Locsin condemned China’s latest “provocative acts [which] threaten the peace, good order, and security of the South China Sea,” while maintaining that the Philippines’ patrols and resupply missions in the South China Sea are “legitimate, customary, and routine.”
Expressing Manila’s “outrage, condemnation and protest” over the incident, he reiterated that the Second Thomas Shoal is “an integral part of the Philippines, as well as the Philippines’ exclusive economic zone and continental shelf, and over which the Philippines has sovereignty, sovereign rights and jurisdiction.”
Not shy of employing tough language, the Philippine diplomatic chief went so far as to remind Beijing “that a public vessel is covered by the Philippines-United States Mutual Defense Treaty.”
This was a particularly poignant statement since both the Trump and Biden administrations have made it clear that “[a]ny armed attack on any Philippine forces, aircraft, or public vessels in the South China Sea” by a hostile third party “will trigger mutual defense obligations under Article 4 of our Mutual Defense Treaty.”
In another sign of the shifting mood in the Philippines, Duterte’s acting spokesman Karlo Nograles also adopted tough language by stating, “We will continue to assert our sovereignty, sovereign rights and jurisdiction over our territory.”
On the other side, China is also digging in. “On the evening of November 16, two Philippine supply boats trespassed into waters near Ren’ai Jiao of China’s Nansha Qundao without China’s consent. Chinese coast guard vessels performed official duties in accordance with law and upheld China’s territorial sovereignty and maritime order,” China’s Foreign Ministry spokesperson Zhao Lijian said in a briefing. Zhao said that both sides are “in communication on this.”
A major area of concern for the Philippines is the expanding and increasingly prolonged presence of Chinese militia vessels in disputed sea areas.
Earlier this year, the Philippines scrambled fighter jets and deployed naval and coast guard vessels to the Whitsun Reef in the Spratlys, which falls within the Philippines’ EEZ, amid a weeks-long standoff with Chinese militia vessels.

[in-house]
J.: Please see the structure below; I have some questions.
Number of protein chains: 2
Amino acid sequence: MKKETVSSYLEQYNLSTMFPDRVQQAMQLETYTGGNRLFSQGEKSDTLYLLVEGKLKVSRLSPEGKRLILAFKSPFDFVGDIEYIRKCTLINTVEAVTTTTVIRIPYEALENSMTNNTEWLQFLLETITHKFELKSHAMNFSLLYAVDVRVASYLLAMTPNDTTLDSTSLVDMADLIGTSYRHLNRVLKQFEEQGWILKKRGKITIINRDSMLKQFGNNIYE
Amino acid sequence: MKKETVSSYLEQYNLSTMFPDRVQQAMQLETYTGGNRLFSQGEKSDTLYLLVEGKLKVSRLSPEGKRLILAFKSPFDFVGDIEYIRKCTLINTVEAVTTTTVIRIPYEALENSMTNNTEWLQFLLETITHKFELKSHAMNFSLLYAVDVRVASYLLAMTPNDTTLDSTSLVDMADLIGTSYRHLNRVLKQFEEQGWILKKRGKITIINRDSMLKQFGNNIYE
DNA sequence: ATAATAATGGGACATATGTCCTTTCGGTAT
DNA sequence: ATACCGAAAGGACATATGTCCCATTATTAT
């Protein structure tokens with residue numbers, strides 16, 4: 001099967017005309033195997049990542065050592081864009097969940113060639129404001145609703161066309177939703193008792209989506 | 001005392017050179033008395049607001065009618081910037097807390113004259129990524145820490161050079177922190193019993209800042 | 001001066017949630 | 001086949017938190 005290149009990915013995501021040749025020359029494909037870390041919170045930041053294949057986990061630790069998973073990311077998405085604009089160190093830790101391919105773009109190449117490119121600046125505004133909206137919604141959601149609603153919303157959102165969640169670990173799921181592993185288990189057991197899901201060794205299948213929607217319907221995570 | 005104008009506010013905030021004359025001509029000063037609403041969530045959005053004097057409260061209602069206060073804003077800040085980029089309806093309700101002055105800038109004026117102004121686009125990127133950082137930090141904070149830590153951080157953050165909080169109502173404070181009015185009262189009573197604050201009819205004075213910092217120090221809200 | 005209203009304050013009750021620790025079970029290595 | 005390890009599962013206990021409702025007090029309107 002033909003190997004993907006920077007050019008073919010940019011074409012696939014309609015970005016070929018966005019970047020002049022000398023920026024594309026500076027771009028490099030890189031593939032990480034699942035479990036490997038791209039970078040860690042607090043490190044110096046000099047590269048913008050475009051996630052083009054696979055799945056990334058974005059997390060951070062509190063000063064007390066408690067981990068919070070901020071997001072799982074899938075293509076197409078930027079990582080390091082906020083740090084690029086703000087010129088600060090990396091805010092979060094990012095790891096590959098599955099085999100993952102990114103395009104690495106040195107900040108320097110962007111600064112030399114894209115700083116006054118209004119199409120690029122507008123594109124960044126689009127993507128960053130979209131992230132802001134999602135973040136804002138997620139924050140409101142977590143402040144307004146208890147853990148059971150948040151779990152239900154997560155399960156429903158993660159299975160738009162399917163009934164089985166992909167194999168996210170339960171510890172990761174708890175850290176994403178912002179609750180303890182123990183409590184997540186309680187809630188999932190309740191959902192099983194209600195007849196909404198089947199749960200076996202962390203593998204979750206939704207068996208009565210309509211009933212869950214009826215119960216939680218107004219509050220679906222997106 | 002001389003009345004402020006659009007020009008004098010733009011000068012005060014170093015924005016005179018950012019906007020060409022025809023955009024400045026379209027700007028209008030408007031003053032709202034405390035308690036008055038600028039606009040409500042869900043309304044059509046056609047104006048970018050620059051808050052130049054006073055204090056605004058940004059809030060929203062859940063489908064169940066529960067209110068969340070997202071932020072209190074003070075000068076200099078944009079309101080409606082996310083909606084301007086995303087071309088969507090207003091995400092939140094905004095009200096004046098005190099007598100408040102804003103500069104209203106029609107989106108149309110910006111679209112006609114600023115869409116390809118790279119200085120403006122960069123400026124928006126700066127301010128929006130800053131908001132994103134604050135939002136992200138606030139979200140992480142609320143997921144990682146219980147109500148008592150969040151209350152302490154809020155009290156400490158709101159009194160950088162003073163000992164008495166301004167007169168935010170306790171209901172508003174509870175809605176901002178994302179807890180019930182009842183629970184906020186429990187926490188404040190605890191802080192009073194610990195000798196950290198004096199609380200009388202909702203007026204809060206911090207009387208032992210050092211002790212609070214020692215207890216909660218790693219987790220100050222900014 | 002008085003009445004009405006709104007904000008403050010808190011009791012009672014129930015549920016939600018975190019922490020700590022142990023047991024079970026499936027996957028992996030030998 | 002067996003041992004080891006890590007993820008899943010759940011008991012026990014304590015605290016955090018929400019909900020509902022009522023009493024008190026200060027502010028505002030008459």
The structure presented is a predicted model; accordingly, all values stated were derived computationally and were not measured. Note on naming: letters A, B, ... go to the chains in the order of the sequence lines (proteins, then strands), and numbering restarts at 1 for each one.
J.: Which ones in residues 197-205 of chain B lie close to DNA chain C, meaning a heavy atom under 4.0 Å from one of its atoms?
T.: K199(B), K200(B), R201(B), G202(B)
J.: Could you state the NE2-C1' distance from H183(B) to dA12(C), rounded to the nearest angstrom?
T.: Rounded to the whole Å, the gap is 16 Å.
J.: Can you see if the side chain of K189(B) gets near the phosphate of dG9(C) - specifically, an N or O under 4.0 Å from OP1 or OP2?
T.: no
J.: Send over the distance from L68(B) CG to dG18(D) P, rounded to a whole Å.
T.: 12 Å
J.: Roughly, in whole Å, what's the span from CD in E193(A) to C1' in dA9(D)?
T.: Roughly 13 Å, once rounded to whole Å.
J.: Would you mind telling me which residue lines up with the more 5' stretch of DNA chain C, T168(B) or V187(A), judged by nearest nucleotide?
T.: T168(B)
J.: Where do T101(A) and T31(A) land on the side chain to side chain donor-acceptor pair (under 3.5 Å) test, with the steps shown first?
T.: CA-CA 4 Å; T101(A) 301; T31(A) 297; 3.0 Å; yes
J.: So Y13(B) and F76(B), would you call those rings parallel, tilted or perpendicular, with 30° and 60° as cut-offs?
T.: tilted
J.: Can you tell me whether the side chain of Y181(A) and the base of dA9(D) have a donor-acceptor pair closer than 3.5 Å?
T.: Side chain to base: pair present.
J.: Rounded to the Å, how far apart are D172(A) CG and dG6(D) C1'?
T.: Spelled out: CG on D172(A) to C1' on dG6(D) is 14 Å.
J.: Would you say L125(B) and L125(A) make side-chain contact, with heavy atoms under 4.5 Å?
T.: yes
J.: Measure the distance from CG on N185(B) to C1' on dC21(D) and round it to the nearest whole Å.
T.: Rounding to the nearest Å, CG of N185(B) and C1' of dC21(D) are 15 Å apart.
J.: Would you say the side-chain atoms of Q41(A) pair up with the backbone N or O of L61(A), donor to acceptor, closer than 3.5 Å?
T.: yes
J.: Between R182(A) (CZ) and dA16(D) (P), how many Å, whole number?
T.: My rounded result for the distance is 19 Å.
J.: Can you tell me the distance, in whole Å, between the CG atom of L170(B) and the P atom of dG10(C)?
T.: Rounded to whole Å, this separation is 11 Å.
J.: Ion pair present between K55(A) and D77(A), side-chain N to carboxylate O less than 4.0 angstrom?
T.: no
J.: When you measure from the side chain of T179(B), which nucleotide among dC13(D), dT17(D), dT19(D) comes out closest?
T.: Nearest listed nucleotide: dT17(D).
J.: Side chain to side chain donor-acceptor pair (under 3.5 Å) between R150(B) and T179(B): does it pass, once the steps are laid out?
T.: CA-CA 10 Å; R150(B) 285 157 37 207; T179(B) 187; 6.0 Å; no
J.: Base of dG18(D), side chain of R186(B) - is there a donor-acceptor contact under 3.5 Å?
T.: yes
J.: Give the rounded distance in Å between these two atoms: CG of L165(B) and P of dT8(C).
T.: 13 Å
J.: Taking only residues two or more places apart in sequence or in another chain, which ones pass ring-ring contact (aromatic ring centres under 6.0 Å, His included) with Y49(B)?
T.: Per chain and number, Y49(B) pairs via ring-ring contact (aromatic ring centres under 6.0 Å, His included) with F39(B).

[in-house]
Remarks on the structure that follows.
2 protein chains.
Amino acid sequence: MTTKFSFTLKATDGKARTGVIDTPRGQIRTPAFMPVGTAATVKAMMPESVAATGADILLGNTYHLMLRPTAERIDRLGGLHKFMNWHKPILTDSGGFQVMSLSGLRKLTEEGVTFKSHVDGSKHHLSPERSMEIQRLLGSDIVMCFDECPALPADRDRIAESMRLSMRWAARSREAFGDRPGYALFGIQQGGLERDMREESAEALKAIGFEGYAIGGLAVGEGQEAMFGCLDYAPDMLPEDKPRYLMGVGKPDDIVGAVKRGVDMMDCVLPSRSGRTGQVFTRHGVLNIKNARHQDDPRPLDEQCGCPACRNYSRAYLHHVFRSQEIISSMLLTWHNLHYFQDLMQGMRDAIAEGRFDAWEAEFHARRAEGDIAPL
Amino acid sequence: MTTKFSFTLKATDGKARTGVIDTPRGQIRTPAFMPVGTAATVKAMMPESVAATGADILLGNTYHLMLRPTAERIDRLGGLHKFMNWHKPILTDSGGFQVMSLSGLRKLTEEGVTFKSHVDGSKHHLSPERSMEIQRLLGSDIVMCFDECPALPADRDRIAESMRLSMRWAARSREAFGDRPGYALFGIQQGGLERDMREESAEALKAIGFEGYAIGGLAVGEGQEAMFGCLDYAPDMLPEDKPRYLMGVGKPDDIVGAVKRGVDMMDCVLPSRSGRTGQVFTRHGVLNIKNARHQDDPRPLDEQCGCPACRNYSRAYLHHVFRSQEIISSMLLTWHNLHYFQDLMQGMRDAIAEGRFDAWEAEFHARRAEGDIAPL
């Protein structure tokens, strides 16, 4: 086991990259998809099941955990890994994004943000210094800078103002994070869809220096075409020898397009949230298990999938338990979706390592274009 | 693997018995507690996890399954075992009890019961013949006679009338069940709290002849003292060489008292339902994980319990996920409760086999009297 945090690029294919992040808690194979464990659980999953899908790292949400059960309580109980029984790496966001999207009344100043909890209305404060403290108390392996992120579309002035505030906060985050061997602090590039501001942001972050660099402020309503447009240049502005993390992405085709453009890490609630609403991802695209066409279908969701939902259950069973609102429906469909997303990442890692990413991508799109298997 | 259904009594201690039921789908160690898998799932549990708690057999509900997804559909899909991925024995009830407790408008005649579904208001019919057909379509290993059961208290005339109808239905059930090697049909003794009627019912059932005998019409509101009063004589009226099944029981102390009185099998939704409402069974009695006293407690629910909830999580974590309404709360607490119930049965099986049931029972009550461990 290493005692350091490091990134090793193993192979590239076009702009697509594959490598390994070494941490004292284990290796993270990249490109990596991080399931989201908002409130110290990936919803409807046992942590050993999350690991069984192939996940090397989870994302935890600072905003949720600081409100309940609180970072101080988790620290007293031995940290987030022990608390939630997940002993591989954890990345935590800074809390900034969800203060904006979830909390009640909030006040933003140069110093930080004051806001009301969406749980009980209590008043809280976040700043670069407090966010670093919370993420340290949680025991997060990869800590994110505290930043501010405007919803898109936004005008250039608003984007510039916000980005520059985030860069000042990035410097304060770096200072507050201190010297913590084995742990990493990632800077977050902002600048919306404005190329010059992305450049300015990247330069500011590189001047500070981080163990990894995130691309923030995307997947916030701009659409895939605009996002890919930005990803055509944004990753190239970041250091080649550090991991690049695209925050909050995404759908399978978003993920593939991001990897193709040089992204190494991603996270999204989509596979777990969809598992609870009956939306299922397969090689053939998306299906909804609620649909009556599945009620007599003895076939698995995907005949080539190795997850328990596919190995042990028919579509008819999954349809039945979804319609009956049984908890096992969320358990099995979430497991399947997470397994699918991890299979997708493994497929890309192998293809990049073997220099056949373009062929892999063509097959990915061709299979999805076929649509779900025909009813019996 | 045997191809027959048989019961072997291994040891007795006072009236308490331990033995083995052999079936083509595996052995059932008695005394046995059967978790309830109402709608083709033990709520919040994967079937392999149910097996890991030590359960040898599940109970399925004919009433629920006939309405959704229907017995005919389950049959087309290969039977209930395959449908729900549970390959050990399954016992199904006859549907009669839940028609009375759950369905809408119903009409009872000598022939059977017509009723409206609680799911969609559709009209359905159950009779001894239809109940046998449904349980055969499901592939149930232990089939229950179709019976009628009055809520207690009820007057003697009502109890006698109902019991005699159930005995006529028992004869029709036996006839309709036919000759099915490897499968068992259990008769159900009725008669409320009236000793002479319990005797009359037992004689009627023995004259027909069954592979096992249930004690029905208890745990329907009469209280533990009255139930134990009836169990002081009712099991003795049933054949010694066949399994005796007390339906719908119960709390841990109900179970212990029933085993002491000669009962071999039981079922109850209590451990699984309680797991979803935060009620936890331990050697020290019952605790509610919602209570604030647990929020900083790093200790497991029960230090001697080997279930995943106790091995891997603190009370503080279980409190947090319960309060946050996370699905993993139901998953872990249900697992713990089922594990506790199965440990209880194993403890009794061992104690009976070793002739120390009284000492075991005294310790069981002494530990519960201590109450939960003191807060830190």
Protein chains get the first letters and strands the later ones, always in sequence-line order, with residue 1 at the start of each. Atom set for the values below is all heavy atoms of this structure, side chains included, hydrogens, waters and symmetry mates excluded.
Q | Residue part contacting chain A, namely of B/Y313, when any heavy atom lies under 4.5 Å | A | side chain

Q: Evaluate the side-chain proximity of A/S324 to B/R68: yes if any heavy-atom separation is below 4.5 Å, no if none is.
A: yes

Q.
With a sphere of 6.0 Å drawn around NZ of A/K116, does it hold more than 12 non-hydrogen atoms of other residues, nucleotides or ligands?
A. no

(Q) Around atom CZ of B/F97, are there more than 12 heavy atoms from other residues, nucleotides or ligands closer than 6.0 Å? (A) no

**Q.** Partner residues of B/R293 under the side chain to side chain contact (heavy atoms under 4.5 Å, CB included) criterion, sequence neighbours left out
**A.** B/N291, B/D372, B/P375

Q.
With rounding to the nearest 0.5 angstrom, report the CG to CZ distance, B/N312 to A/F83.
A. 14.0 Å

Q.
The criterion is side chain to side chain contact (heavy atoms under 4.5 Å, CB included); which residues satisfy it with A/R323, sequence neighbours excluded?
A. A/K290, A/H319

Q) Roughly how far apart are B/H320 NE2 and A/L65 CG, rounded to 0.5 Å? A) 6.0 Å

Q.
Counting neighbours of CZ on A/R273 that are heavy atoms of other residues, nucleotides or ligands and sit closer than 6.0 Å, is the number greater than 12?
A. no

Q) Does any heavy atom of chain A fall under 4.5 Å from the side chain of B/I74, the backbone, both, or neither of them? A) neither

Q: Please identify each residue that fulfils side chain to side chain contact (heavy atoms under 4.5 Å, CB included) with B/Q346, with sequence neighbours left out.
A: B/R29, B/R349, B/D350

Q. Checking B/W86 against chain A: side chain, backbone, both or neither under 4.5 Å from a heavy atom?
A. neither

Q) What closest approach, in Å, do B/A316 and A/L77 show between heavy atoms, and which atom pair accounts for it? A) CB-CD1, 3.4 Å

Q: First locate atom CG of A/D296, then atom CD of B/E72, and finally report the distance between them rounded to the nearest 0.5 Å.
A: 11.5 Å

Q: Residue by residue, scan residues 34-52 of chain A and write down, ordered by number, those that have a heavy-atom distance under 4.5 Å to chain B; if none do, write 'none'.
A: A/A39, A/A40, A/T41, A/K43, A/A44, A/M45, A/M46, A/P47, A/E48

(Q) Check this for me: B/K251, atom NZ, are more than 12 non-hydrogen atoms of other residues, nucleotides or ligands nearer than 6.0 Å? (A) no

Back in 2019, a suspected Chinese militia vessel rammed into and sank a Filipino fishing boat in the energy-rich Reed Bank area, which also falls within the Philippines’ EEZ.
In recent years, the Asia Maritime Transparency Initiative of the Center for Strategic and International Studies (AMTI-CSIS), which tracks the evolution of the South China Sea disputes in detail via satellite imagery analysis, has warned of the growing role of Chinese militia vessels.
“Over the course of the 2000s, the militia shifted its focus toward surveilling and harassing foreign military activity to which Beijing objected,” the AMTI said in a recent report, emphasizing the growing professionalization of the Chinese maritime militia (MMFV) and Spratlys backbone fleet (SBFV) as an extension of Beijing’s naval might in the area.
“The value of the militia is because it has a degree of deniability,” AMTI director Greg Poling told the media. “Beijing can just claim that these are commercial actors. But remote sensing and photographic evidence can be combined to distinguish militia vessels from non-militia,” he added.
For many experts and diplomats, the Philippines is paying a price for its overfriendly policy towards China, which has further expanded its military and militia presence across the South China Sea and deep into Philippine waters.
“While the Philippine response protesting China’s action is commendable by itself, it is nonetheless disheartening to note that this aggression may be traced back to the wrong Philippine policy,” former foreign secretary Albert del Rosario, who oversaw the Philippines’ historic arbitration case against China under the Aquino administration, said in a statement.
“We focused principally on bilateral diplomacy while neglecting the other tools in our toolbox, which would have enabled us to move the tribunal’s ruling to the next level,” said the former Philippine top diplomat, who has openly criticized Duterte’s refusal to stand up to China and assert the country’s rights and sovereignty.